Mandatory E-Verify Proposal Introduced

June 22, 2011

Rep. Lamar Smith (R-Texas) on June 15 introduced the Legal Workforce Act (H.R. 2164), which would require all U.S. businesses to verify the immigration status of all new hires using the Everify system. Smith’s bill would apply only to new hires and would pre-empt any state laws on the verification of workers.

The law staggers the implementation deadline for companies based on size: those with 10,000 or more employees must begin using Everify within six months of enactment of the law; employers with 500 to 10,000 workers would have 12 months; employers with 20 to 500 employees would have 18 months; and firms with fewer than 20 employees will have a full two years to begin complying with the new requirement. The law also includes an extension to firms in agricultural industries which will have three years to begin using Everify.

Employers would be required to retain paperwork documentation proving the new hire’s eligibility to work in the U.S. for up to three years or one year after the employee’s termination.

The only existing employees that must be run through the Everify program are those which: work for the federal government, require a federal security clearance, or work for a company on a federal or state contract. The law allows employers to voluntarily run existing employees through Everify, but they cannot pick-and-choose – all must be verified, not simply a few here and there.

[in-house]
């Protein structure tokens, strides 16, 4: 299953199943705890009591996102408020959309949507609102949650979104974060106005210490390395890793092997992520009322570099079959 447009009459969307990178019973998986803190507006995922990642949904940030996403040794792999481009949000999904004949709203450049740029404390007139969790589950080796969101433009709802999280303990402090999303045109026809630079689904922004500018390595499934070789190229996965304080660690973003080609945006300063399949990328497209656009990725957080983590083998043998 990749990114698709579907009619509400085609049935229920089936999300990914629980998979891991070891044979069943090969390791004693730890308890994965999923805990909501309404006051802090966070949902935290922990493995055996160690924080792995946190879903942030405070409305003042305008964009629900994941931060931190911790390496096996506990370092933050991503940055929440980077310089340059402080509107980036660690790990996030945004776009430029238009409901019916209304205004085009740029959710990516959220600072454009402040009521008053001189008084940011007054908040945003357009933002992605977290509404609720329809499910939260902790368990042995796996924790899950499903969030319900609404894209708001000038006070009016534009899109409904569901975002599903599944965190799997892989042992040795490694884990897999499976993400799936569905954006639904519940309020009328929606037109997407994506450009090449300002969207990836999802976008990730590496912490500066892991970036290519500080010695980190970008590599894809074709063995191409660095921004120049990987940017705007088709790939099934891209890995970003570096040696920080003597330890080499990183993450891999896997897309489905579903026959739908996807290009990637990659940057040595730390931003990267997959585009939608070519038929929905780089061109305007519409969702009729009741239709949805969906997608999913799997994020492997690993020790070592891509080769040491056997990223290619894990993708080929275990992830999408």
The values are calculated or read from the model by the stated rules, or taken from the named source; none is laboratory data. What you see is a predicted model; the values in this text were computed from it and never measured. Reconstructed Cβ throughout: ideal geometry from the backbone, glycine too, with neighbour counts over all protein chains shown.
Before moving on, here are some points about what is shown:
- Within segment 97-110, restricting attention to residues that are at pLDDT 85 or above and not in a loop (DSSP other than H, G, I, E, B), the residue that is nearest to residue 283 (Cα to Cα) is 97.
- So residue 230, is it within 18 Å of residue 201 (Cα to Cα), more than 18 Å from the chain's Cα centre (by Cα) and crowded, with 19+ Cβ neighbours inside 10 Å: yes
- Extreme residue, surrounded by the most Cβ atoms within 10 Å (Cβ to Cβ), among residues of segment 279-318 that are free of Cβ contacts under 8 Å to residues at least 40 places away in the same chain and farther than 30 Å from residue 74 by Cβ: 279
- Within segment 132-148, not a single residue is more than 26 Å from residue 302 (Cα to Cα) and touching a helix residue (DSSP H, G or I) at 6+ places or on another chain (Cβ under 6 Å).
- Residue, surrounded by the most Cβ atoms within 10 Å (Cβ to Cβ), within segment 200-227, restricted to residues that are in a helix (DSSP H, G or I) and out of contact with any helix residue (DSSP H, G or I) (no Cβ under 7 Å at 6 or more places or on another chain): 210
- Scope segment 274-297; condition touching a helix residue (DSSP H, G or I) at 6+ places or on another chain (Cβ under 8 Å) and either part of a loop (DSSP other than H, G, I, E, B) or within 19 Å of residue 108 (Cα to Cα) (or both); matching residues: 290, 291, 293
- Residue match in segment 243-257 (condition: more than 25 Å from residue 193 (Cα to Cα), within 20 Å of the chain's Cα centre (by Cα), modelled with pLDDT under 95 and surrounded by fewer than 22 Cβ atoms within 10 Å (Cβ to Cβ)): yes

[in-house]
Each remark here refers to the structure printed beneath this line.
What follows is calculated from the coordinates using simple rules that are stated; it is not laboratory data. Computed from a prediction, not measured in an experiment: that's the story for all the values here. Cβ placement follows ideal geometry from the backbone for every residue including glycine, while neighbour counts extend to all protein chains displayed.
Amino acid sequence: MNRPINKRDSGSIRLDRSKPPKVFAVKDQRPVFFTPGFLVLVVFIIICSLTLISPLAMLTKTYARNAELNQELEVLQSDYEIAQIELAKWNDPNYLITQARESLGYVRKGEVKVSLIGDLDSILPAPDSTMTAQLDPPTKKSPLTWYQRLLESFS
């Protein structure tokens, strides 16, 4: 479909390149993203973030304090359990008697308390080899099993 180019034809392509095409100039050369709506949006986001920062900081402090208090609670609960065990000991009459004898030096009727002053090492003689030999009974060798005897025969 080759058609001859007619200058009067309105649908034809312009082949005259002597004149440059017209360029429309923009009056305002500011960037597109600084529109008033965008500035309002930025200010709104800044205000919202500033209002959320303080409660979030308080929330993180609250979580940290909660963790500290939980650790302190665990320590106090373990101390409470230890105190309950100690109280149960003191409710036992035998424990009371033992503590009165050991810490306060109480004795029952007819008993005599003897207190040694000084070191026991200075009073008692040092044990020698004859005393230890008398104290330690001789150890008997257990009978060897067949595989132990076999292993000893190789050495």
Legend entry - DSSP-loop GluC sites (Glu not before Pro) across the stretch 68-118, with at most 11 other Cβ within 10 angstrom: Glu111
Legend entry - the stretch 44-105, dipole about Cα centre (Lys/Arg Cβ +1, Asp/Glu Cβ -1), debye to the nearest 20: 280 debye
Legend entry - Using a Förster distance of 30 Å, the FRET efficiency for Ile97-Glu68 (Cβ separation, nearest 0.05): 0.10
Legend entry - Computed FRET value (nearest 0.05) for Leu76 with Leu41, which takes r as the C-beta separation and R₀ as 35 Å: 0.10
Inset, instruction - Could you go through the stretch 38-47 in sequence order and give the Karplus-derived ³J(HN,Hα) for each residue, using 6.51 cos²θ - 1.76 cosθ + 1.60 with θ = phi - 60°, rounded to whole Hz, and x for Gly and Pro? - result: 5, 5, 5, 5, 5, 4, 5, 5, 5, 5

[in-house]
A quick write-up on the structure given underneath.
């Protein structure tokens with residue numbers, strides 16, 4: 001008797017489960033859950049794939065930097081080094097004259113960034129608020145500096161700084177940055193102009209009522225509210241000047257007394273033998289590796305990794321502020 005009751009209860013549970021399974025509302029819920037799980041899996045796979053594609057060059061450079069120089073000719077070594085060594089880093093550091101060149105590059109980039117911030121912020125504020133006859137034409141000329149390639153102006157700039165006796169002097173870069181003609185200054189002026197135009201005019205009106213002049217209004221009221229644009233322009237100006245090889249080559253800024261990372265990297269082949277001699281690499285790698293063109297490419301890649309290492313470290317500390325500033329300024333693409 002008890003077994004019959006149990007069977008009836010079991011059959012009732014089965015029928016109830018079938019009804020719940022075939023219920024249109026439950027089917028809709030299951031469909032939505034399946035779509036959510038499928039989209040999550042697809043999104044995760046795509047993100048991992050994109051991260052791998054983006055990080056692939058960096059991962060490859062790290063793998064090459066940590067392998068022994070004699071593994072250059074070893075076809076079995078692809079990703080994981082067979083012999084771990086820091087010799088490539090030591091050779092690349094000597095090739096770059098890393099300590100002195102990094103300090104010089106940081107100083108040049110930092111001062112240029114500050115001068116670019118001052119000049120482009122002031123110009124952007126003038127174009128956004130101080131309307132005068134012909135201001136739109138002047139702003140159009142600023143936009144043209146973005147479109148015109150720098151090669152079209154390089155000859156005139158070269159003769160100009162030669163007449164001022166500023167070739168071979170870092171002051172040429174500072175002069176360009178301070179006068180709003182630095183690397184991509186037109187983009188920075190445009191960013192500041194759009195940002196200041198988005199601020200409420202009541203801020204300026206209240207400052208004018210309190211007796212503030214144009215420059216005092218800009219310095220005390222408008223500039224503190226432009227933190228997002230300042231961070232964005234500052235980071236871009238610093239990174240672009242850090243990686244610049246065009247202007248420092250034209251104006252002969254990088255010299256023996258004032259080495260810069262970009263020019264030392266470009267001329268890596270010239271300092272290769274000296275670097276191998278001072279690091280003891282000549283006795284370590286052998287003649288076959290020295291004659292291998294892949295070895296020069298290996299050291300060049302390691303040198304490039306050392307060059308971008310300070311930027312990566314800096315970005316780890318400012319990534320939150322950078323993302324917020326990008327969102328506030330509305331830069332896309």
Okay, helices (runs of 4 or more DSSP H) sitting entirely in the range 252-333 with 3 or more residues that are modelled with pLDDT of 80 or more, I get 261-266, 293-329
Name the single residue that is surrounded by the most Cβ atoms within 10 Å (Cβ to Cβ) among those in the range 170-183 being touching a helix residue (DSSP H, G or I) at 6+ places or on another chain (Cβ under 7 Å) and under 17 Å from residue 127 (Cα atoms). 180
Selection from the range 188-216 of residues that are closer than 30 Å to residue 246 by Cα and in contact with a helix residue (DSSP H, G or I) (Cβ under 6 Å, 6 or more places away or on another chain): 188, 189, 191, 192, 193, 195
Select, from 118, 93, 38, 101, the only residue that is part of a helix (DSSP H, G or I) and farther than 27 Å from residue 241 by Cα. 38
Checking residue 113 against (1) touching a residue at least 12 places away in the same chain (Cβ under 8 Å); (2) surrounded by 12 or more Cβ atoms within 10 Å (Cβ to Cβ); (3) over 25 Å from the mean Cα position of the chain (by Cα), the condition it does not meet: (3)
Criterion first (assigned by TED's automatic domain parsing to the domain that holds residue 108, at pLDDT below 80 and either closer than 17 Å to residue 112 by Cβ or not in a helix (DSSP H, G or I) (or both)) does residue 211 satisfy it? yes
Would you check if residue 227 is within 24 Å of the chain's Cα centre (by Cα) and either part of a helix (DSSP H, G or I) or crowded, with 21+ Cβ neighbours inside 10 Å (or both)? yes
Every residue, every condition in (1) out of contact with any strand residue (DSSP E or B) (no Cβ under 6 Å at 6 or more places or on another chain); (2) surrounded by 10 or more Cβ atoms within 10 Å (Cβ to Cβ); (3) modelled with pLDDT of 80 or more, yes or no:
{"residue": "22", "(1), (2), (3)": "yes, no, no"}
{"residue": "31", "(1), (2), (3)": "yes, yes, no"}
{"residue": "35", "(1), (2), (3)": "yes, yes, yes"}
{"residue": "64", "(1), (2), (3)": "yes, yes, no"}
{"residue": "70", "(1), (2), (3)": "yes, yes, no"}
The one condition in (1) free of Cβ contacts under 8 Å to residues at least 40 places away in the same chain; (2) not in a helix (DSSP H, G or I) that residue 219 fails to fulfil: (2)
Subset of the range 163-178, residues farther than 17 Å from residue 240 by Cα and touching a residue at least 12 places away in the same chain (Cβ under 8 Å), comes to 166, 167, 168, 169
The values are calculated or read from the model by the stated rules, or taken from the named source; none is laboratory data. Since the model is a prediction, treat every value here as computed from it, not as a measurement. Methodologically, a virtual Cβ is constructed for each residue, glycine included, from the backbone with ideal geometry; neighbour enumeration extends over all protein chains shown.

A key sticking point for NSBA in any Everify proposal, the Legal Workforce Act includes a good faith clause whereby employers who can show that they’ve done everything in their power to verify an employee according to the law would not be subject to financial or criminal penalties. The bill also includes a 30-day time frame for employers who have first-time infractions to make any needed corrections.

The outlook for the bill is unclear. Despite lawmakers on both sides of the aisle pushing for immigration reform, leaders in the Latino community have been very outspoken in their opposition to any expansion of Everify, which could hold broad implications in the months leading up to the 2012 election.

Please click here for more on NSBA’s stance on immigration issues such as Everify.

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